I disgust myself with this observation, with its overtone of pining for the sensational. But disgust is the strongest emotion I allow myself to feel. Mostly, I feel numb. I look at the cells and the bunks, the meager toilets and the barbed wire, and even the feeble little gallows; and I feel numb. I concentrate on the settings of my camera. I look up at the blue sky. I frame a shot just so and wonder if I should print it in black and white for better effect. I have detached myself completely from what is in front of me, unable to let the horror all the way in.As we leave the Small Fortress, I watch my feet step across the square stones of the path. I pick up a mahogany-colored chestnut fallen from one of the trees, full and lush overhead with their deep-green leaves. I polish the nut on my pants leg and drop it into my pocket, not knowing why. (Later, when I return safe and whole to my own comfortable home in central Mexico, I will decide to place it carefully on the table altar in my meditation niche, beside a Buddha figure, a Mayan carving and a Virgin of Guadalupe.)
The Terezín Ghetto
We leave the prison and move on to the town itself, the fortified village of Terezín. Once again, the Nazis had a new use in mind for the old village, realizing that the high walls and sturdy gates designed to keep people out also made it perfect for locking people in.
Built to hold some 5000 residents, at its height during the war the ghetto at Terezín enclosed more than 58,000 Jews behind its fortified walls. In the over-crowded conditions, here they died—some 34,000 of them—of malnutrition, disease and stress. But most of those who were sent here, thousands of Czech Jews but also those from Austria, Hungary, Germany, the Netherlands, stayed here only until they were chosen for the next transport east…usually to Auschwitz-Birkenau. Almost 90,000 of them left here, packed into the cattle cars of the transport trains. 15,000 of them were children. 90% of them never returned.
The town was doubly useful to the Nazis—as a “holding camp” for Jews on their way to be used up or disposed of elsewhere, and as a “picture-book” resettlement area that could be used to show the world how well the Jews were being treated. For a while, it even worked.
When the International Red Cross insisted on sending a delegation to the ghetto, they were shown a nice façade—cleaned up, dressed up, whitewashed and filled with luscious baked goods in the bakery, children’s soccer games and temporarily well-dressed and forcibly smiling Jews. They were treated to a brilliant concert of Verdi’s “Requiem” performed by some of the hundreds of professional Jewish musicians sent to Terezín. And after they left, they gave the ghetto a clean bill of health. While the people behind the walls starved.
We are shown briefly around the town. From the outside, it looks not so different from any other small Czech town, with its 18th-century façades and neatly cobble-stoned courtyards. But behind the walls, I do see more barracks full of multi-tiered wooden bunks and tiny wood-burning stoves. A wall is covered with the names of the dead. Photographs, documents, and the yellow stars embroidered with “Jude” that were sewn to clothing are on display. They are in showcases, behind glass, a barrier that not only protects them from me but also me from them. I find it all… “interesting.”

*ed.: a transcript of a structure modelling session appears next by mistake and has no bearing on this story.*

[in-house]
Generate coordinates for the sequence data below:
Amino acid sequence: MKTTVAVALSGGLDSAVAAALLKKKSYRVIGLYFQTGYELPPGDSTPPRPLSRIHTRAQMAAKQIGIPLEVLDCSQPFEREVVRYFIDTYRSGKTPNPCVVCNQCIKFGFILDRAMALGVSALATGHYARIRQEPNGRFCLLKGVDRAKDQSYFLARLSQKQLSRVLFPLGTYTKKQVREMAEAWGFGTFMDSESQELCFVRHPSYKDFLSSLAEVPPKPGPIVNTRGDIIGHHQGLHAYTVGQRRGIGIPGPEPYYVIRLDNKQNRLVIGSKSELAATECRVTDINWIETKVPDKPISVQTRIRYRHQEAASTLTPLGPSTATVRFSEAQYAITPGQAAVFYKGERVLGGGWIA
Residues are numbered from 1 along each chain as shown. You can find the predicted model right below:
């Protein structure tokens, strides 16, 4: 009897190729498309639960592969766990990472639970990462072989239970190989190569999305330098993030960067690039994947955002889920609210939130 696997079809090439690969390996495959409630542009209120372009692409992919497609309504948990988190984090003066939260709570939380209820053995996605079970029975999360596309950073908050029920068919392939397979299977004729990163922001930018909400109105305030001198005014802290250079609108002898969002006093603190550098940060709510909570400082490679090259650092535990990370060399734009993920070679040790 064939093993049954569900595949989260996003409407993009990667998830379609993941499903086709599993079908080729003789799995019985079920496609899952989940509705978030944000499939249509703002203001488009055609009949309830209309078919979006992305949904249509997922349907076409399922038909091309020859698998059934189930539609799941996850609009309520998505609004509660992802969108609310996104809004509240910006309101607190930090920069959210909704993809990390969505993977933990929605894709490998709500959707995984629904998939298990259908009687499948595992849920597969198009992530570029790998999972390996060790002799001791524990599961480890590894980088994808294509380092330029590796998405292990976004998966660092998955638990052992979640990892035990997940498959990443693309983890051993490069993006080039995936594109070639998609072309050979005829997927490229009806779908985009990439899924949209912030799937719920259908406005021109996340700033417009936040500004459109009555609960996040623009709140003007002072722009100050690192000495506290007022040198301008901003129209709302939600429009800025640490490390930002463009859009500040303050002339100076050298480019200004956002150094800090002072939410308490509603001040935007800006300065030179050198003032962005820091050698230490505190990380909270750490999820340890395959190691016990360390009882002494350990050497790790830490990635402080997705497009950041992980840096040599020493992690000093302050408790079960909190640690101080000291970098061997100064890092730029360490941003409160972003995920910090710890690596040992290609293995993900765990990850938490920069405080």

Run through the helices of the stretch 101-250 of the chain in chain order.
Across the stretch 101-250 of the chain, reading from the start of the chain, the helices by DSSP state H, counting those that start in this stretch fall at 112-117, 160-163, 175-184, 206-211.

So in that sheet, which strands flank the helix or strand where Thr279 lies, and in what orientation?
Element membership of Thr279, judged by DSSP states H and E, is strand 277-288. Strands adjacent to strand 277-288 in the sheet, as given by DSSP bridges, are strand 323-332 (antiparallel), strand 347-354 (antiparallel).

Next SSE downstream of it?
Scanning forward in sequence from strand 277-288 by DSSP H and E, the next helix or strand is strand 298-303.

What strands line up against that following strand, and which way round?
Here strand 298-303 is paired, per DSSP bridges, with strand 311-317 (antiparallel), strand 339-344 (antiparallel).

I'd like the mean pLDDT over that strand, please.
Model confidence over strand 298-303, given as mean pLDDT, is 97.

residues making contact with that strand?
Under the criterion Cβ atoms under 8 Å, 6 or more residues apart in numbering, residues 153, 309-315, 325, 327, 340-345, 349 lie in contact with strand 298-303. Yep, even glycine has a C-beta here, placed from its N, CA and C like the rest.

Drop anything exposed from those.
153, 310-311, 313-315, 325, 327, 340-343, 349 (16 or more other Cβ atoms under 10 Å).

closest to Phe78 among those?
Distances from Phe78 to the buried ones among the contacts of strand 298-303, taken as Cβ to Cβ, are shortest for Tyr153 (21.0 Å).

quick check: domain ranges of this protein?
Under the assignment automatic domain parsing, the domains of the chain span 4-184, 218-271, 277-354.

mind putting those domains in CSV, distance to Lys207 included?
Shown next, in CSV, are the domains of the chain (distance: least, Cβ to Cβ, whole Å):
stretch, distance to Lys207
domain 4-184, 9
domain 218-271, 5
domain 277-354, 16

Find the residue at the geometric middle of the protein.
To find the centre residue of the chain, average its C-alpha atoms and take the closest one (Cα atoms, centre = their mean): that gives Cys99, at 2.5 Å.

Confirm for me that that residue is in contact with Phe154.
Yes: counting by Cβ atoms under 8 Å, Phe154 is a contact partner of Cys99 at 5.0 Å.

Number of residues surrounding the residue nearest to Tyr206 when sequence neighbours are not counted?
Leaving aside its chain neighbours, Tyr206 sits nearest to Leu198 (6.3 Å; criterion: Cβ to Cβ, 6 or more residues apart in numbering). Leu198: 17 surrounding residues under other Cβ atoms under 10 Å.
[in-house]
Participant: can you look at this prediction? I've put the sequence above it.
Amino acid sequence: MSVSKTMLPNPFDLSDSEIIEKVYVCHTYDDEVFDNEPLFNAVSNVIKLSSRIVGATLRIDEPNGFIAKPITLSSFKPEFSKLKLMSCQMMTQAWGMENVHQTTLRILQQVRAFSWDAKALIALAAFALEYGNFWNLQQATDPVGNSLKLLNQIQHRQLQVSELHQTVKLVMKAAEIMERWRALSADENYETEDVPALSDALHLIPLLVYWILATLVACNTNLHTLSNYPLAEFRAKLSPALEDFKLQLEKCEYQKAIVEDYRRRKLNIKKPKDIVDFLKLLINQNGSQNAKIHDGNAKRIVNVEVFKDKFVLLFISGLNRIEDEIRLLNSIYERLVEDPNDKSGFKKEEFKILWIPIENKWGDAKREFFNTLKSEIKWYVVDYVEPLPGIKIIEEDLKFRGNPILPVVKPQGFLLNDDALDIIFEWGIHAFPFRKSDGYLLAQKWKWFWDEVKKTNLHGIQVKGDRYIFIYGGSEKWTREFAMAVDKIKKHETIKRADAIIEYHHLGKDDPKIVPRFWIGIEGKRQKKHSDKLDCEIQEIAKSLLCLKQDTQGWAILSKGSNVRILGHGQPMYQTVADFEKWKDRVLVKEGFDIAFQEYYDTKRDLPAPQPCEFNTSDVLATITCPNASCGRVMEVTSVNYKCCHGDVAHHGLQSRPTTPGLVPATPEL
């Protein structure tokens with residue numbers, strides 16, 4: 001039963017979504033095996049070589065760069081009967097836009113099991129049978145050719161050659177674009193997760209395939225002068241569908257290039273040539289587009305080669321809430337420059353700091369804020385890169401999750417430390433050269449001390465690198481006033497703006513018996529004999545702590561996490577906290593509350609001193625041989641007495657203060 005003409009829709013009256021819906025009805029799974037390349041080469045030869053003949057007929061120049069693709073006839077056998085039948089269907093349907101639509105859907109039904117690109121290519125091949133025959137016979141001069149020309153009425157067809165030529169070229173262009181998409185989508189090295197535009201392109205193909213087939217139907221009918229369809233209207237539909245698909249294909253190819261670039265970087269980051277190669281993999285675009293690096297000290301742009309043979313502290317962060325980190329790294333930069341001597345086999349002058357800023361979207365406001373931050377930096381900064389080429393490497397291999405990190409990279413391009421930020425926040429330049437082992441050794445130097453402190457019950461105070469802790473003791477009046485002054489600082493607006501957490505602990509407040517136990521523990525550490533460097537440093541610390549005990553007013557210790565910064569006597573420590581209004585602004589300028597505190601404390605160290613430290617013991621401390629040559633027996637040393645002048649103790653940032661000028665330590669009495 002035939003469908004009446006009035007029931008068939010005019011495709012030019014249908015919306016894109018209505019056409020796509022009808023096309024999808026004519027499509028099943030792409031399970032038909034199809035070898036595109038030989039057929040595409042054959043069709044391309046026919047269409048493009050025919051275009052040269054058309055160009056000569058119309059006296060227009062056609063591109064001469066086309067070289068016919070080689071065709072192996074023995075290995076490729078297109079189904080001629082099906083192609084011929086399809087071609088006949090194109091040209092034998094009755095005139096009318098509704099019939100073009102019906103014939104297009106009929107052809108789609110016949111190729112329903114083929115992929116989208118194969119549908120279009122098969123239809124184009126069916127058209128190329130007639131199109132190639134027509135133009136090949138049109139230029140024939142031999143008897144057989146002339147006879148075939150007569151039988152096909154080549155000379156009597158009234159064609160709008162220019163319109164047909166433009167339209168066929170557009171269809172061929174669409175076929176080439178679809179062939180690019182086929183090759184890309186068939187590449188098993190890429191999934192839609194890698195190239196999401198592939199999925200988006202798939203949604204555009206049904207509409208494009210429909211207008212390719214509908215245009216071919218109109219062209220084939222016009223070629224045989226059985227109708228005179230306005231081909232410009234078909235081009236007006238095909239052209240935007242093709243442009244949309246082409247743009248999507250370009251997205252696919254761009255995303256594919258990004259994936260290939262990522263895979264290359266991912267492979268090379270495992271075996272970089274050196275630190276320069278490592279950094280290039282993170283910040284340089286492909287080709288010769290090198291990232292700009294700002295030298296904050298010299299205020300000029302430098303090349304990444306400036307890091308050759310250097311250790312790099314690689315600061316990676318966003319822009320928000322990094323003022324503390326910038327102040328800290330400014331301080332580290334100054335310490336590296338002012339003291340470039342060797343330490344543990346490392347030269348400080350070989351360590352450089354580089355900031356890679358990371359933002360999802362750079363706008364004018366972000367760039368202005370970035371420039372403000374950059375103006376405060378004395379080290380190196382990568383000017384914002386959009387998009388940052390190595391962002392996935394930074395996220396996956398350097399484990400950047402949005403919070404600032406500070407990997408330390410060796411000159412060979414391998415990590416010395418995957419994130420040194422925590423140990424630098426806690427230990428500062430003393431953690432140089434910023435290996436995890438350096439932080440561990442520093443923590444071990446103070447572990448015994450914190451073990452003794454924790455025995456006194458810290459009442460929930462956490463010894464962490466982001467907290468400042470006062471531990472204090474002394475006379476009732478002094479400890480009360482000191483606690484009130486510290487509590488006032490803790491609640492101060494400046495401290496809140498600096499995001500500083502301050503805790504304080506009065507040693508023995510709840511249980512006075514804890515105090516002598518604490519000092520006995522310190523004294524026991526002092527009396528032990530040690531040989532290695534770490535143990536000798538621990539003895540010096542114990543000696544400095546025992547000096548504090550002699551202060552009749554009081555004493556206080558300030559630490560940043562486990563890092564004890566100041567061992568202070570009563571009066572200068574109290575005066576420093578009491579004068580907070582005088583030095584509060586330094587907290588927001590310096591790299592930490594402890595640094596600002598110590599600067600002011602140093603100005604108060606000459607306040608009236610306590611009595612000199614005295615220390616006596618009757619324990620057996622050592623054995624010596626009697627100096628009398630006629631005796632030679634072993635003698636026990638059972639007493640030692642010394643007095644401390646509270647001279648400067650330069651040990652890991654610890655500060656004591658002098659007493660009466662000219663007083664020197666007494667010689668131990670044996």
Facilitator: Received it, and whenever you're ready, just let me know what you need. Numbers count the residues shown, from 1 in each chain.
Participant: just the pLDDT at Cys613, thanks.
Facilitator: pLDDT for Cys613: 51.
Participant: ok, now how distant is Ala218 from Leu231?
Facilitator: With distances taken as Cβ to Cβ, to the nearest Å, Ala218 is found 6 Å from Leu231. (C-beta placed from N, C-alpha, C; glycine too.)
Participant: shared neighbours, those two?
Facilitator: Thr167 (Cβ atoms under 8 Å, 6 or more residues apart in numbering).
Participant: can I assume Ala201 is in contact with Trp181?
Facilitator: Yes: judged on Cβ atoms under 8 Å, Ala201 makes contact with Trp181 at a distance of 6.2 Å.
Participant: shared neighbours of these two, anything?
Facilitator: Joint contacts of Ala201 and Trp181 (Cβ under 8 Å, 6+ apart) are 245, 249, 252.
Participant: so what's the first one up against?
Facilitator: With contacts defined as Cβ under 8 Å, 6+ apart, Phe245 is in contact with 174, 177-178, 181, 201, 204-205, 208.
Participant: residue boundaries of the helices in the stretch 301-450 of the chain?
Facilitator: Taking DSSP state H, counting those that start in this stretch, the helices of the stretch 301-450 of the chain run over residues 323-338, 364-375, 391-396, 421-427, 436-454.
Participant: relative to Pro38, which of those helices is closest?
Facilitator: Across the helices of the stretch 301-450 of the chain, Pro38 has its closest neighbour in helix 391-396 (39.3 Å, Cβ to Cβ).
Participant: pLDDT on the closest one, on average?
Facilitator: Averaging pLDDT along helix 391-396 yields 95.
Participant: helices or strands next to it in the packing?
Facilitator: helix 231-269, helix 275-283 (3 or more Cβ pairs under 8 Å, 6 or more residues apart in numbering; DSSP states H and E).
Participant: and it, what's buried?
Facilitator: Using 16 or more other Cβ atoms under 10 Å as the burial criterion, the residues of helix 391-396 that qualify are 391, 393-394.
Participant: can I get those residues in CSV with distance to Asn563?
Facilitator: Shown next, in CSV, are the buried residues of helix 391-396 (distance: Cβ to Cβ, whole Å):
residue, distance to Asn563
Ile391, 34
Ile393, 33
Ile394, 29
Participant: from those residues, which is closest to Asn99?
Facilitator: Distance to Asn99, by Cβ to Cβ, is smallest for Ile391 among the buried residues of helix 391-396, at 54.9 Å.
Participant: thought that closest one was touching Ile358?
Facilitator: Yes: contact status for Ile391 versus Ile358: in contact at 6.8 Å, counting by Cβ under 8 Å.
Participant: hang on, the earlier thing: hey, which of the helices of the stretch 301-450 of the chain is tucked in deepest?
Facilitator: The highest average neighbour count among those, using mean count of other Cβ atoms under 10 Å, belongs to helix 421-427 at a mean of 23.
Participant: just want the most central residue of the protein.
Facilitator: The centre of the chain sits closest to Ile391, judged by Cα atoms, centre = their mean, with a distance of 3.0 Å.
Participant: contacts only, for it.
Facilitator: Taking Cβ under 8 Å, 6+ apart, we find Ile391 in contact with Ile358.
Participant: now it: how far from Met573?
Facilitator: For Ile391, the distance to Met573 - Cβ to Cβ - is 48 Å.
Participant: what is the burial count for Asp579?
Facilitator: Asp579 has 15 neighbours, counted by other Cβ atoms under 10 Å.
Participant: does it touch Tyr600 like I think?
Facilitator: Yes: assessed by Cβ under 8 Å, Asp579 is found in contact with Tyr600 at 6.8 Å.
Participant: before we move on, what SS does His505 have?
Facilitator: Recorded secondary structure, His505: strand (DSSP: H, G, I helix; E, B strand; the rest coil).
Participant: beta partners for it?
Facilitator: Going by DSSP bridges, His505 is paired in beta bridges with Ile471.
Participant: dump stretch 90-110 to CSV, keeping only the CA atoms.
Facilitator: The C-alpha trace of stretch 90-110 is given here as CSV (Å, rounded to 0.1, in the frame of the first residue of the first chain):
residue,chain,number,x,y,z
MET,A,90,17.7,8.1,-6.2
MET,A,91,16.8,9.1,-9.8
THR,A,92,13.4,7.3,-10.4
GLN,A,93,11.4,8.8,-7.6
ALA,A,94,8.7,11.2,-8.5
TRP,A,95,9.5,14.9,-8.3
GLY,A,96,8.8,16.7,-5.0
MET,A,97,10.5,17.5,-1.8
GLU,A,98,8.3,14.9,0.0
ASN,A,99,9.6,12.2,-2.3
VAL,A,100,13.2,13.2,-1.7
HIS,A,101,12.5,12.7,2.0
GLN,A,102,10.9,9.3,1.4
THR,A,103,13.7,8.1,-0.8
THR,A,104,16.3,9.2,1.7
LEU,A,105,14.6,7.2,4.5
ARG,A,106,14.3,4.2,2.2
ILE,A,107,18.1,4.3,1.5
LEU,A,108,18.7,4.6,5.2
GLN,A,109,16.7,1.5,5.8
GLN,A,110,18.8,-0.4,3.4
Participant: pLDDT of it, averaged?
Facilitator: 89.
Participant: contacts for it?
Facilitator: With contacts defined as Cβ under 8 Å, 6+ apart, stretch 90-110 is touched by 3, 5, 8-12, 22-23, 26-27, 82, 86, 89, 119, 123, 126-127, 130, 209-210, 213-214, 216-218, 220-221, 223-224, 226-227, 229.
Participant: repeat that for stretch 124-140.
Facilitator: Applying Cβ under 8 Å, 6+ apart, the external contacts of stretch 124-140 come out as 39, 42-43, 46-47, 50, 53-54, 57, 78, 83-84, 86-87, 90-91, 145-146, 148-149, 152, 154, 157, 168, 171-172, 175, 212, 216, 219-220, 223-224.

We go into the museum. And it is here, finally, the numbness lifts. The change is sudden and violent, a sucker-punch to the gut, and I feel as though I am about to throw up.
Why here? The crematorium did not do it, that ugly room where the bodies of the thousands of dead were burned, their ashes stored in urns only later to be dumped into the river when the Nazis saw the end was near and tried to cover up the scope of the deaths. No, for all its ugliness, the crematorium did not make me feel sick. The rows of bunks, the barbed wire, the execution grounds could not lift the veil of numbness and make me nauseous.
No, it is the drawings—hundreds of drawings made with colored pencils, crayons, charcoal. Drawings made by the children, who were protected as far as possible, both physically and psychically, by the Jewish elders in the town, given better food and access to sports and music and art lessons. It is the drawings of home, of nature, of happier times and future hopes. That is what makes me feel sick, because I, unlike the children, know what their future held.
Here is a drawing of a house covered in red hearts to show the love inside, there a charcoal sketch of a beloved black dog, a crayon picture of a carrousel, another of a rainbow, flowers, butterflies. Below each drawing is a note: Name of child artist, date of birth, date and place of death. Most were between 10 and 14 years old.
I try to hold my camera steady, to concentrate on framing a picture, exposing it correctly, eliminating glare from the glass in front of it. But my hands are shaking and I realize I can’t breathe. I need to leave. I need to leave now. I am afraid I will be sick here on this nice clean marble tile floor.
I walk out of the museum and cross the street to the park. I notice again that it is a beautiful day. I can smell the flowers and hear the soft breeze rustling the leaves of the chestnut trees.
I sit on the cool soft grass, close my eyes and turn my face up to the sun.
Terezín ghetto and concentration camp lies 40 miles west of Prague. Several companies offer day tours from Prague. Tours run around $50-60 and last about 5 hours. I took my tour from Prague to Terezín/Theresienstadt Concentration Camp and Ghetto with Viator.